For Pete's Sake

Rachel Robinson wins Buck O’Neil Award from Baseball Hall of Fame

Rachel Robinson, widow of Jackie Robinson, smiled during a ceremonial ground breaking for the Jackie Robinson Museum last month in New York.
Rachel Robinson, widow of Jackie Robinson, smiled during a ceremonial ground breaking for the Jackie Robinson Museum last month in New York. The Associated Press

It’s been more than a decade since Buck O’Neil died, but his presence is still felt in Kansas City and, really, across the country.

The National Baseball Hall of Fame established the John Jordan “Buck” O’Neil Lifetime Achievement Award a year after O’Neil’s passing. It honors “an individual whose efforts broadened the game’s appeal and whose character, integrity and dignity is comparable to the late O’Neil.”

The award is given out every three years, and the 2017 recipient will be Rachel Robinson, the widow of baseball great Jackie Robinson.

“I am honored that the Hall of Fame has invited me to receive the Buck O’Neil Lifetime Achievement Award,” Robinson said in a release. “Buck O’Neil was such a champion of baseball — and the Hall of Fame does an extraordinary job of recognizing individuals who have committed their lives to this great game. I commend Jane Forbes Clark and Jeff Idelson for their leadership and extend my gratitude to the Board of Directors for recognizing me in this way.”

According to the Jackie Robinson Foundation, Rachel Robinson incorporated the Jackie Robinson Development Corporation after her husband’s death in 1972. That builds and manages housing for people of moderate and low incomes. The next year, the website says, she created the Jackie Robinson Foundation, a non-profit organization whose mission is to provide college scholarships and leadership training.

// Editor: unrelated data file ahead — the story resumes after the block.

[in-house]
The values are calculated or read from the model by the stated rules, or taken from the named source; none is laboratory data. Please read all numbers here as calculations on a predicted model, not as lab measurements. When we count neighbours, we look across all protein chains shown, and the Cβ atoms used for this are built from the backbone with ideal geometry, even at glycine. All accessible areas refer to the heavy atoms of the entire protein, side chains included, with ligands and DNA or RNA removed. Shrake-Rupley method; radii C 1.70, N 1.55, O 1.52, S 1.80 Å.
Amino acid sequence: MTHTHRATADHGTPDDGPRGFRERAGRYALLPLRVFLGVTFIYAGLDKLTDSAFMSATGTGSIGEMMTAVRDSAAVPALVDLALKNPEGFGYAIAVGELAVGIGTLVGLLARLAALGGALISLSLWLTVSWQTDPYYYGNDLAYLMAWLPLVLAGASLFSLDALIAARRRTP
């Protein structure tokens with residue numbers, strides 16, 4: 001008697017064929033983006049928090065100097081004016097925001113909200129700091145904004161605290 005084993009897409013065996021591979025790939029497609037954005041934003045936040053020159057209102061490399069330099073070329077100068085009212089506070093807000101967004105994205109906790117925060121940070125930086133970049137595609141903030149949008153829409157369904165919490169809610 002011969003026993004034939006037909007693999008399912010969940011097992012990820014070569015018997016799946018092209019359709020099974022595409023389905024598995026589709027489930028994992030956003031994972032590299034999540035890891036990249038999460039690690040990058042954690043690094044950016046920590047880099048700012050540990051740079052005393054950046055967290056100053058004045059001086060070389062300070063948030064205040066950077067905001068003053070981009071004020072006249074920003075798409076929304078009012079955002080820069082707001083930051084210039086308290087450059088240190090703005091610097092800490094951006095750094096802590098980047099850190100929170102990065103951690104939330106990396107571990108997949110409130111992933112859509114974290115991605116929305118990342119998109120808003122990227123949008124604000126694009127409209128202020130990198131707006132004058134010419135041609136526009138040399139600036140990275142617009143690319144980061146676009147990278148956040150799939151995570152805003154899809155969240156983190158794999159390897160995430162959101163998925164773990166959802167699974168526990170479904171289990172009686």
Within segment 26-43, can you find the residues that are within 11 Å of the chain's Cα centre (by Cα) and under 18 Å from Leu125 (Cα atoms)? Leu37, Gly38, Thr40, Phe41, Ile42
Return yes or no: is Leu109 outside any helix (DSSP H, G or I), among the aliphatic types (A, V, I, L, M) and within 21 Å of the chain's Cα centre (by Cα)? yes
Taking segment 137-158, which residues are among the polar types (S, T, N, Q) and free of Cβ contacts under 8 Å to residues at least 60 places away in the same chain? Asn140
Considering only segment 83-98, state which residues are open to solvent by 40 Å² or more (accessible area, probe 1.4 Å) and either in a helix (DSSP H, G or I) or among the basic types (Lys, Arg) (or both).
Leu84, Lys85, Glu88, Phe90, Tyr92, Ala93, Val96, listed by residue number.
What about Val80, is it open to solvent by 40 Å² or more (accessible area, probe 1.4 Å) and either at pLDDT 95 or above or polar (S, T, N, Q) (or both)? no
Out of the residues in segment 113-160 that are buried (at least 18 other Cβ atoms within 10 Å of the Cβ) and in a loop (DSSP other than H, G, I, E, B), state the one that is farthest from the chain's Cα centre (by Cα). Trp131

A release from the Hall of Fame notes that “Rachel married Jackie on Feb. 10, 1946, as Jackie was preparing for his first season in organized baseball. As a pillar of support through the challenging years that followed, Rachel provided Jackie the mental and spiritual encouragement needed to overcome the obstacles of being the first African American to appear in a modern Major League Baseball game with the Brooklyn Dodgers on April 15, 1947.”

O’Neil, the former Kansas City Monarchs player and Major League Baseball scout, was instrumental to the founding of the Negro Leagues Baseball Museum. He was the first recipient of the the Buck O’Neil Award in 2008. Roland Hemond, a former baseball executive who was general manager of the White Sox and then the Orioles, received the award in 2011. Former player and announcer Joe Garagiola won in 2014.

Robinson will receive the Buck O’Neil Award in Cooperstown, N.Y., on July 29 as part of the Hall of Fame Weekend.

Pete Grathoff: 816-234-4330, @pgrathoff

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